Could the trade war with China cost U.S. its pandas?
The Smithsonian National Zoo received its first giant pandas from Beijing in 1972, and the species has been one of the zoo’s biggest draws ever since. But withwith China spiraling, could the U.S. be at risk of losing them?
The national zoo’s agreement with China runs through December 7, 2020. Discussion about the next agreement will begin soon, a zoo spokesperson told CBS News Thursday.
For over a year, the world’s two largest economies have been the Washington Post raised the possibility that the contract might not be extended again and Mei Xiang and Tian Tian could be taken back to China.on billions of dollars worth of goods, rattling the global in the process. If the trade war continues,
The current agreement covers the zoo’s two adult pandas, Mei Xiang and Tian Tian, as well as any cubs born at the zoo. One of their male cubs,, is already scheduled to be sent to China in the next few months.
According to the zoo spokesperson, no one from the Trump administration has contacted the zoo regarding the status of the pandas. But researchers are hopeful given the success of the program over the last several decades.
“Our giant panda program is based on a science conservation plan developed by our organization and partner, Chinese Wildlife and Conservation Association,” the spokesperson said. “We’ve had great conservation success and are committed to continuing the good work with our Chinese colleagues to conserve this special species.”
President and Mrs. Nixon welcomed the zoo’s first two giant pandas from China in April 1972. According to a history posted on the zoo’s website, Ling-Ling and Hsing-Hsing were sent to the U.S. after the Nixons’ historic visit to China, when the first lady expressed interest in the animals to Chinese Premier Zhou Enlai. The pandas produced five cubs over 20 years, but none survived.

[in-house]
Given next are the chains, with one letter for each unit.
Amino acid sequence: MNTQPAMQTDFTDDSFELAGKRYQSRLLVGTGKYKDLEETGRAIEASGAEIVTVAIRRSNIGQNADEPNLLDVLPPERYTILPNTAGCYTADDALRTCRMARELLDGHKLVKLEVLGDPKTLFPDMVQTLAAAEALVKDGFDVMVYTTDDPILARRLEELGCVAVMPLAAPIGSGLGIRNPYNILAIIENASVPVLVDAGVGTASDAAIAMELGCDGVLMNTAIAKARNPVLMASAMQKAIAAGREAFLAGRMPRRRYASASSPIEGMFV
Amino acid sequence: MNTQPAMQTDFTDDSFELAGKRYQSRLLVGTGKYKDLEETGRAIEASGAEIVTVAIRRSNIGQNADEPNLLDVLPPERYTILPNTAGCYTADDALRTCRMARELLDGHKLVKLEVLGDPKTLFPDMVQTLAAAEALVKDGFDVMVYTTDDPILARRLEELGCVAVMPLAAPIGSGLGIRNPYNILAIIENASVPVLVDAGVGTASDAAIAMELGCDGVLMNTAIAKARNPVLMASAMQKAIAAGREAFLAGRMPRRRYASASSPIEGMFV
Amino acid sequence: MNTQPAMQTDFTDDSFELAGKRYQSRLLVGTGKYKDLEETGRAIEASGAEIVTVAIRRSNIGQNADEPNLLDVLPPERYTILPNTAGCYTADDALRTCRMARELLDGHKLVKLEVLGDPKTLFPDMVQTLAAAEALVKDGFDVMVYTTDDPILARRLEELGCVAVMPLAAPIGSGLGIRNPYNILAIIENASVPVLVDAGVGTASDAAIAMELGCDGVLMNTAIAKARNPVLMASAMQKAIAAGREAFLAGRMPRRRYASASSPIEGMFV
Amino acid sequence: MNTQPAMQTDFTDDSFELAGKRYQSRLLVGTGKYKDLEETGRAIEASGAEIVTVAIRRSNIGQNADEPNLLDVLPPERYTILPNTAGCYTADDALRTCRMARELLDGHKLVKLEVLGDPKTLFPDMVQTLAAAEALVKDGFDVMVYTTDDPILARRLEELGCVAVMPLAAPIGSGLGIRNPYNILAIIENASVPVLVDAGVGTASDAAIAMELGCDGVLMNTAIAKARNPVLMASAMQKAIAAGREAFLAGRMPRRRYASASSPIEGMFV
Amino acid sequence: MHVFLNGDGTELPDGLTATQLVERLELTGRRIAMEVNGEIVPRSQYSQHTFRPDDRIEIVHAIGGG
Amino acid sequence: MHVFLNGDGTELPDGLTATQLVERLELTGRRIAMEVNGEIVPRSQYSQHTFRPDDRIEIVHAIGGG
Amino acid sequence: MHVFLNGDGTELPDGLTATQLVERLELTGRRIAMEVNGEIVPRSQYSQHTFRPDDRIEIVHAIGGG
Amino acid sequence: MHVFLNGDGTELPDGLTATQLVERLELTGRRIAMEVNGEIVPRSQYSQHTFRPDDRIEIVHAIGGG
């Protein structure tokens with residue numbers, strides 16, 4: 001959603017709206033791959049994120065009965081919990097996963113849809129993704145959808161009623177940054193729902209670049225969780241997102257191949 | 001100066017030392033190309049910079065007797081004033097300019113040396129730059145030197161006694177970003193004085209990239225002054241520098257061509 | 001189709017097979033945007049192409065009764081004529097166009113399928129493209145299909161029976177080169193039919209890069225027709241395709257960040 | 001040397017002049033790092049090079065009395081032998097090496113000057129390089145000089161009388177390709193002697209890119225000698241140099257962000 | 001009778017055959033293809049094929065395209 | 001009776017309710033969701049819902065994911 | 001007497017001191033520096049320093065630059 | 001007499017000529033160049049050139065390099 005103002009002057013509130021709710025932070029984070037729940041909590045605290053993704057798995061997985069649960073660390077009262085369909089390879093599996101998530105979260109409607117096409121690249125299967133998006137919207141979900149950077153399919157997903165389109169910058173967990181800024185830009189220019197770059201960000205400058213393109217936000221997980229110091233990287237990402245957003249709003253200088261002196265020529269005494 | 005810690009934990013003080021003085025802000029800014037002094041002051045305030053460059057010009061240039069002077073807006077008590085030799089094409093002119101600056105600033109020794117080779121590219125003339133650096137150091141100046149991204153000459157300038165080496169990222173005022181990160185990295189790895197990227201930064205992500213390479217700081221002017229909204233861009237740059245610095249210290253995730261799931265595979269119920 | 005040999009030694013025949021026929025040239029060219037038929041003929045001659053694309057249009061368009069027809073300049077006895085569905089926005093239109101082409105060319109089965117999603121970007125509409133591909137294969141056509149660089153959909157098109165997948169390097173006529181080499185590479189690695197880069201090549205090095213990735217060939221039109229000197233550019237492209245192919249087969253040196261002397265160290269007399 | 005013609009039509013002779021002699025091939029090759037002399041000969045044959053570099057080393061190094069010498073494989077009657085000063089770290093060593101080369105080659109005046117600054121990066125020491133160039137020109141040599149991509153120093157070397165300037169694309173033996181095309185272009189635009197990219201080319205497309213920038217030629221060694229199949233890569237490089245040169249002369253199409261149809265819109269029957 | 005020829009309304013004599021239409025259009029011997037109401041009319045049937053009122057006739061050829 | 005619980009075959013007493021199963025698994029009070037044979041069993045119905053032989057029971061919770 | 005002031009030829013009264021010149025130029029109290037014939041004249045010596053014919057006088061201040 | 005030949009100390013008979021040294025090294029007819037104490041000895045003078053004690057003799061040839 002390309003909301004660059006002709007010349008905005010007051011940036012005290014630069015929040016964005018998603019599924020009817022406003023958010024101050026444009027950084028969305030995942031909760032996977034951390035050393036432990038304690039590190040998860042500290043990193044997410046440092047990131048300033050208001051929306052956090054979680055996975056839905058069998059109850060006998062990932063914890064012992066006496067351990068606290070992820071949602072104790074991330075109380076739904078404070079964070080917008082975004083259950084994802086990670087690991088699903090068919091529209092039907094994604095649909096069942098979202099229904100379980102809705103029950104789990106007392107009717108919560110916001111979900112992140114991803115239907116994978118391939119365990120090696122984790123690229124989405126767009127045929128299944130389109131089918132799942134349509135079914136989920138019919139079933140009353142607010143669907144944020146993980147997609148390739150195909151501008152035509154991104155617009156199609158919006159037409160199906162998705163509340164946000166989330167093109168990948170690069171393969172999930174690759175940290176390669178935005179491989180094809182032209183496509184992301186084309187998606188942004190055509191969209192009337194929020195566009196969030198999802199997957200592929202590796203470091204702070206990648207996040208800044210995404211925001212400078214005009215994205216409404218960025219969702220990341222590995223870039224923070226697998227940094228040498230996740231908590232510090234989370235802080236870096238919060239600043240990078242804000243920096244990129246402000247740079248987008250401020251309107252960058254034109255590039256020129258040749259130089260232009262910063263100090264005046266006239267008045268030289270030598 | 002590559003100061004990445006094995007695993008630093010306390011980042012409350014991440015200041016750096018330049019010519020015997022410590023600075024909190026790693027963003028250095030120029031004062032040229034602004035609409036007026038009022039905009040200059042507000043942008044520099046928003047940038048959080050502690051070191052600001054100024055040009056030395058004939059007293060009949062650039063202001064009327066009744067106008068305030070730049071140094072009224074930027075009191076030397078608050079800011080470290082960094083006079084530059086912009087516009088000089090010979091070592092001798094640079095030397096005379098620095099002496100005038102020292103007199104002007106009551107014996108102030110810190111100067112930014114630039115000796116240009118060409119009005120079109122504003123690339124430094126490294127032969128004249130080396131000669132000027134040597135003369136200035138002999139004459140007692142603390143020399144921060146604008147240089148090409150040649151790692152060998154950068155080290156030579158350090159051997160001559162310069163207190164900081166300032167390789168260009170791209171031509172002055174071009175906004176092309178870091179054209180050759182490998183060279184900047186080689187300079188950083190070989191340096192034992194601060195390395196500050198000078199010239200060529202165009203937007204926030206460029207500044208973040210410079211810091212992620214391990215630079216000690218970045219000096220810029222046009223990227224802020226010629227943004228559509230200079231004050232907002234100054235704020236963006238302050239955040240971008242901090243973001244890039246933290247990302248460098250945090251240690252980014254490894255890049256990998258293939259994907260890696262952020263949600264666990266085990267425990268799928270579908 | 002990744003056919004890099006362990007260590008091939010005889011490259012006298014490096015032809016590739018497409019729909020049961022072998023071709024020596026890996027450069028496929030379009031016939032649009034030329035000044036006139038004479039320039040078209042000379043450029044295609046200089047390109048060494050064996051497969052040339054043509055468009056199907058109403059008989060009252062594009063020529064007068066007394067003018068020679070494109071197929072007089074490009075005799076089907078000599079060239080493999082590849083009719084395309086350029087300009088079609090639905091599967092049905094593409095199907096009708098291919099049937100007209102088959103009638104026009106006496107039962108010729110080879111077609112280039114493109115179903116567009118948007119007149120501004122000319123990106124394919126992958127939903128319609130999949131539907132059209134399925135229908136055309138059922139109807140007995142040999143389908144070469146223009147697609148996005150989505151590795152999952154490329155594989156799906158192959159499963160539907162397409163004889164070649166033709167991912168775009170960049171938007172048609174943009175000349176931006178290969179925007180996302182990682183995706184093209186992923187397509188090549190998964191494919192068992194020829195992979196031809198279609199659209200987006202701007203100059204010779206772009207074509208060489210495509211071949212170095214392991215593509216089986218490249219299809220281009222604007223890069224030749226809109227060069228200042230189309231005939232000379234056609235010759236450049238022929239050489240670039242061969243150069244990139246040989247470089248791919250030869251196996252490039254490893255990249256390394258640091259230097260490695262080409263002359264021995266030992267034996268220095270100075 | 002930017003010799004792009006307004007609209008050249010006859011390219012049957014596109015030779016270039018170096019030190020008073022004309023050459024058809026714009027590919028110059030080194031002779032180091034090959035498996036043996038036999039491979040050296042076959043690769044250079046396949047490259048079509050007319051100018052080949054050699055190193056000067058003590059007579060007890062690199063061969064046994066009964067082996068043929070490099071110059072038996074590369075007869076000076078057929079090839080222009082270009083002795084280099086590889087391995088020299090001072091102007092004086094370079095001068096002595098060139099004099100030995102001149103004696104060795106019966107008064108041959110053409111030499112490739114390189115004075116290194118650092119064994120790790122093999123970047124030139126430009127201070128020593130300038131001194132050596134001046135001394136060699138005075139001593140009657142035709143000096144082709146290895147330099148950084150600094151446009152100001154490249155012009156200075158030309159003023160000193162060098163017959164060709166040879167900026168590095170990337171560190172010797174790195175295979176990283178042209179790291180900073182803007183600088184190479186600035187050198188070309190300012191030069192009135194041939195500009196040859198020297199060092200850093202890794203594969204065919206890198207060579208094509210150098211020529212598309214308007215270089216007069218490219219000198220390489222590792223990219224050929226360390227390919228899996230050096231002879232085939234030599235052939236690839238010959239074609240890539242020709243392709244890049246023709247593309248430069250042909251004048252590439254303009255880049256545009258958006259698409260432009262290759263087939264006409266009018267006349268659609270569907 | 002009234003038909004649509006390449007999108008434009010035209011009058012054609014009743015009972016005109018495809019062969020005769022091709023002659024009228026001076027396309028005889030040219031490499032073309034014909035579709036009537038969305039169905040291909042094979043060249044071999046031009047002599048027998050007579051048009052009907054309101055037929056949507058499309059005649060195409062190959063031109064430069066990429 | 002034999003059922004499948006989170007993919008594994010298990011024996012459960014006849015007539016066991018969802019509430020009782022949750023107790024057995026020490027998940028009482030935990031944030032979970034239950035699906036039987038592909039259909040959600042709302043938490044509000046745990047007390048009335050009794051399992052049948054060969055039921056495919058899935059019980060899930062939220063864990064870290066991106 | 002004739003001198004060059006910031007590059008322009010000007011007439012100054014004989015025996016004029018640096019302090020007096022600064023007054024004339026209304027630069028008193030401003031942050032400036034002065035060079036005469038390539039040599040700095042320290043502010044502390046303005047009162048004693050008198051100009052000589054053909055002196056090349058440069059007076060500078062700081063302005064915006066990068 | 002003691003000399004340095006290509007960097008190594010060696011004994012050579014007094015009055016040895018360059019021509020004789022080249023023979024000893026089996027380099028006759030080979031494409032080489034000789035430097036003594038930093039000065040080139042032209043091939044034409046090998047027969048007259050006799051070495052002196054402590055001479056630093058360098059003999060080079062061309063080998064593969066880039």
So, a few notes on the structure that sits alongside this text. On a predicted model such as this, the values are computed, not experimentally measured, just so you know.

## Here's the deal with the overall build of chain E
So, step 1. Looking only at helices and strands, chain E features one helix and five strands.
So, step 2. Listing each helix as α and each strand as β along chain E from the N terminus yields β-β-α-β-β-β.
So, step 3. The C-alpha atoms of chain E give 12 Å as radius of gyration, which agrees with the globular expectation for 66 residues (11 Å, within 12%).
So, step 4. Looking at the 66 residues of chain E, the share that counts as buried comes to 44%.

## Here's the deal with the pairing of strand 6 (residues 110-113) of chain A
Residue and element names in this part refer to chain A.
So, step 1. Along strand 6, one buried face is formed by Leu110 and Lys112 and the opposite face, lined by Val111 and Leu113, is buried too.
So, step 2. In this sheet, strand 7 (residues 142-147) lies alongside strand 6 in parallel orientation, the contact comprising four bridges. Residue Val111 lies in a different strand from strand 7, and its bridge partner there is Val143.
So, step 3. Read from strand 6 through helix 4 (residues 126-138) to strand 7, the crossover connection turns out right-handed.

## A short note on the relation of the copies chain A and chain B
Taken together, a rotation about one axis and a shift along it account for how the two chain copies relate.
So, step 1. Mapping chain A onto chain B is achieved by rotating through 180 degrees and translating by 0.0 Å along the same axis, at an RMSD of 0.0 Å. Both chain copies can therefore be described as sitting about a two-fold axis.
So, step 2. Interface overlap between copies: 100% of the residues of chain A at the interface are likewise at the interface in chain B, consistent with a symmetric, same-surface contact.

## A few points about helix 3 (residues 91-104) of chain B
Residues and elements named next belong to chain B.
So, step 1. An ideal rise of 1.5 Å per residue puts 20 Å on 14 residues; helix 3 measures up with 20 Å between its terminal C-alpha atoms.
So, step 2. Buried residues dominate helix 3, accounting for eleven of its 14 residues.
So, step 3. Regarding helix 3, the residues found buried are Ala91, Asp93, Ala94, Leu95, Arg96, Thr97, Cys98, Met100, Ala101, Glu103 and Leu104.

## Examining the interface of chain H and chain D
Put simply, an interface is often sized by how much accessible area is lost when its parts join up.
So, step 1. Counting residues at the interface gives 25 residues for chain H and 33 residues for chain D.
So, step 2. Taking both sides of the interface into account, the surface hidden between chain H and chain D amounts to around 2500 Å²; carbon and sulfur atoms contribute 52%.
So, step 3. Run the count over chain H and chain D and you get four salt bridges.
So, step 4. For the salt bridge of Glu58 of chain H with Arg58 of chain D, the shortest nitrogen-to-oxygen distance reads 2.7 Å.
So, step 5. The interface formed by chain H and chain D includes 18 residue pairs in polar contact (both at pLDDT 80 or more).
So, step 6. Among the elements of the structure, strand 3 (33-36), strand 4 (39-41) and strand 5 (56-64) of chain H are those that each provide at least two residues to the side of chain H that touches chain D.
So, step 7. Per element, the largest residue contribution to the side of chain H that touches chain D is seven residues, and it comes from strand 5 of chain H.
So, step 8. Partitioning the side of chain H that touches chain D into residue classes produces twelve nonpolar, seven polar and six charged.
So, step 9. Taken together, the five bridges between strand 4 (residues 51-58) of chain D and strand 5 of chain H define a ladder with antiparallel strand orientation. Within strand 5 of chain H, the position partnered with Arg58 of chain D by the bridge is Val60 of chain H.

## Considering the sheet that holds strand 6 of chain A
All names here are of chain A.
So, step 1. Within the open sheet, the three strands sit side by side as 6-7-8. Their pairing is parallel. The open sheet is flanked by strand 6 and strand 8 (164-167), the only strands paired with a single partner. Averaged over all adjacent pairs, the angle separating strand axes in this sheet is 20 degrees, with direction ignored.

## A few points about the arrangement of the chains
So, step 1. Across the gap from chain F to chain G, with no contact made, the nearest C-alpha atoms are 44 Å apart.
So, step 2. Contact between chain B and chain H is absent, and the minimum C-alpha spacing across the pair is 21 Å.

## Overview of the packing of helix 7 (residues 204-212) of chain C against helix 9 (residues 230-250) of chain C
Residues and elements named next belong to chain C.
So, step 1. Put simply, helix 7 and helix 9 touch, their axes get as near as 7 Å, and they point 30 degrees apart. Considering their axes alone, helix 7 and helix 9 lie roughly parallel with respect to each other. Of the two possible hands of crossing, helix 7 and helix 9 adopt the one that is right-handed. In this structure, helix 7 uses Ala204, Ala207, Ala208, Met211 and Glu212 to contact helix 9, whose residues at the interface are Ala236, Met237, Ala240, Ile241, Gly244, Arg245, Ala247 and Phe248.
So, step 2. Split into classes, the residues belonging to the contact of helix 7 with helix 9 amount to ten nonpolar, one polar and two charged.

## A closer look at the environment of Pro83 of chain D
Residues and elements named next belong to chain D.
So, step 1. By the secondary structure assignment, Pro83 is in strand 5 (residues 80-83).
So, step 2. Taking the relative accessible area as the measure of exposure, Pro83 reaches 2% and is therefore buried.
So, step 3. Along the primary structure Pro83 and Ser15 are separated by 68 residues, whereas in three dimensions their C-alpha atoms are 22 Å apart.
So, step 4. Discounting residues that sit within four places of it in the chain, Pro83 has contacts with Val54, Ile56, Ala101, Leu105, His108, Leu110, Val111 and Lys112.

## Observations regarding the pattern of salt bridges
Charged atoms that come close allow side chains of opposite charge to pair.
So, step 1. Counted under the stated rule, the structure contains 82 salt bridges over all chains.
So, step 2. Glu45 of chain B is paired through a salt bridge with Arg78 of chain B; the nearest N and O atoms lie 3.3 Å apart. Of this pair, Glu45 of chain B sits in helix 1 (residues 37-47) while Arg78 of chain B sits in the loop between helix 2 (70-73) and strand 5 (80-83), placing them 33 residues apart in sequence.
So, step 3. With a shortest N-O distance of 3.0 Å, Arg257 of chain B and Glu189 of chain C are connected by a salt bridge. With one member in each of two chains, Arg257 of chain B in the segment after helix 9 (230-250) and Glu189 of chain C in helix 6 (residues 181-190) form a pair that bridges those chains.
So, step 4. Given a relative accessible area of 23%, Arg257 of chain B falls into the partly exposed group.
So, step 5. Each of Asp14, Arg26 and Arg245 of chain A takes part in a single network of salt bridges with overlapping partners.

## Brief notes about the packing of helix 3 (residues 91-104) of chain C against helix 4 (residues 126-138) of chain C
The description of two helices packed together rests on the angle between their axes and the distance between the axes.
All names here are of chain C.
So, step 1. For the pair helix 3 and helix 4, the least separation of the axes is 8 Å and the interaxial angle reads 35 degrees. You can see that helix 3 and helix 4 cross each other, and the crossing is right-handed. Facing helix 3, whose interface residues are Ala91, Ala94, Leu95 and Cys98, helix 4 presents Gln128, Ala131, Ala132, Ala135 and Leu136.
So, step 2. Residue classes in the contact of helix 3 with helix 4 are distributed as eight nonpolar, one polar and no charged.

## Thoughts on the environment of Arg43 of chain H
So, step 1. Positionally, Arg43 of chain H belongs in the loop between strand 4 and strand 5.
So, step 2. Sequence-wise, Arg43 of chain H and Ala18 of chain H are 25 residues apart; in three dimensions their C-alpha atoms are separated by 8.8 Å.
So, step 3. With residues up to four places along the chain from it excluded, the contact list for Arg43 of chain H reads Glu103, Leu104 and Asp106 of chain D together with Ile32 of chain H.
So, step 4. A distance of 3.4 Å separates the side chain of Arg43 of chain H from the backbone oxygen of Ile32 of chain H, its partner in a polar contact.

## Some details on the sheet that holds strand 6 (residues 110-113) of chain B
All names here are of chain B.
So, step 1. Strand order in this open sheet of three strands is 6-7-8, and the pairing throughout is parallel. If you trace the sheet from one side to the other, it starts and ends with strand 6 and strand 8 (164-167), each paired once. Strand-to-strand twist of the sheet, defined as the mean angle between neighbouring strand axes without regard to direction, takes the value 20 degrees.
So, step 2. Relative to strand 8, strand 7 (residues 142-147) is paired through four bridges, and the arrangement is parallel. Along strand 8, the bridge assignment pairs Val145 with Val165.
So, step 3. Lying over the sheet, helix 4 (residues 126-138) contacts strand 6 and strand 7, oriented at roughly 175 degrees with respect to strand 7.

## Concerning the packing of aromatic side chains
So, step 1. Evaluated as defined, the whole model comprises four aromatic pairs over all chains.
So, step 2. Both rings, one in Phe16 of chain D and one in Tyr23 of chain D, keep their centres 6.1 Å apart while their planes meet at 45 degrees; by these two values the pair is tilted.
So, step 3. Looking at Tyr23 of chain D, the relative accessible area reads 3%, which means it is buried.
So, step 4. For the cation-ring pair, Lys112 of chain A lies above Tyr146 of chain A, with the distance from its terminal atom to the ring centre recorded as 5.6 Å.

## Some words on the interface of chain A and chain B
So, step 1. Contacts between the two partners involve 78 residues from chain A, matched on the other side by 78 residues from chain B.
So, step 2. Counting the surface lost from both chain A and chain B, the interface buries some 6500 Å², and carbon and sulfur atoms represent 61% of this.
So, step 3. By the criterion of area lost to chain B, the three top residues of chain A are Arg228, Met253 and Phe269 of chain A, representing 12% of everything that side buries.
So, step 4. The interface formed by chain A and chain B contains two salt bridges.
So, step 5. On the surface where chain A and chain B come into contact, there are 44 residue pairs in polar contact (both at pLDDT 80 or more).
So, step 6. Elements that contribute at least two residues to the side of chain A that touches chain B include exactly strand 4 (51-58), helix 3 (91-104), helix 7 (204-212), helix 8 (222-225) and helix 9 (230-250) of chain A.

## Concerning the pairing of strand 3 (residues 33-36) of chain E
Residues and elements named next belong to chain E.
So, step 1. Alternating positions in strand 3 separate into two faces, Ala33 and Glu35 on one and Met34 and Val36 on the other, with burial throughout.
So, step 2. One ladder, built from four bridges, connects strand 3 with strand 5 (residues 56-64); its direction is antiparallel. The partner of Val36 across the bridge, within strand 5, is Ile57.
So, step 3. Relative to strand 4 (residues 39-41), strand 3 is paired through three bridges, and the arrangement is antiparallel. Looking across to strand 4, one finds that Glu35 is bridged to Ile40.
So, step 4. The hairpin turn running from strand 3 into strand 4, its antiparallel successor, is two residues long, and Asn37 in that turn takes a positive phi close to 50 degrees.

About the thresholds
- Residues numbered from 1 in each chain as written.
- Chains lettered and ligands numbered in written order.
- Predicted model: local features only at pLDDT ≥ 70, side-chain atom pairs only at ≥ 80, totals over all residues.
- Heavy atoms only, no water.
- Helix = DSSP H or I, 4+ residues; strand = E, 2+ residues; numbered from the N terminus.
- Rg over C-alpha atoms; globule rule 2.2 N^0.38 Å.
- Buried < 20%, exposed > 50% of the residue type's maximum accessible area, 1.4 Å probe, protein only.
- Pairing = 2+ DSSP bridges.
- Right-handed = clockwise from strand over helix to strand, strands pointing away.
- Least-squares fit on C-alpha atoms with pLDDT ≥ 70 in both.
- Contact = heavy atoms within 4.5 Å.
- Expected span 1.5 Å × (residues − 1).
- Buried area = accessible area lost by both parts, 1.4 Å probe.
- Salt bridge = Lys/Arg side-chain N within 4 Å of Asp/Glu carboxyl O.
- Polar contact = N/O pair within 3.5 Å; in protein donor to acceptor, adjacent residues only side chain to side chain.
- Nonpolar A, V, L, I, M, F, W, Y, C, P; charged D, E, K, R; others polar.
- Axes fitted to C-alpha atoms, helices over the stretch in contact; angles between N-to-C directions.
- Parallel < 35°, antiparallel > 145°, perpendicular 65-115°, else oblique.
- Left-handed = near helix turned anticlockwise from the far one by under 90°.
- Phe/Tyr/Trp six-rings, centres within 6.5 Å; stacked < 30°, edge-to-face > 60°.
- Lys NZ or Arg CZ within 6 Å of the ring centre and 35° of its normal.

These and other pandas have been a symbol of cultural collaboration between the two nations ever since, the zoo said.
Not only did Ling-Ling and Hsing-Hsing’s arrival generate “pandamonium” across the country, they also gave researchers unprecedented opportunity to study the species. The zoo has become aof the vulnerable species.
Mei Xiang and Tian Tian arrived in 2000, on loan in exchange for funds and expertise on giant panda conservation in China. The Smithsonian National Zoo paid $10 million to have the pandas for 10 years, eventually extending their contracts to 2020.
China called Washington “twice” last weekend and wants “to make a deal” to end the trade war — which would presumably be good news for fans of the pandas, if it pans out.
“I think we’re going to have a deal, because now we’re dealing on proper terms. They understand and we understand,” Mr. Trump said. “Very big things are happening with China.”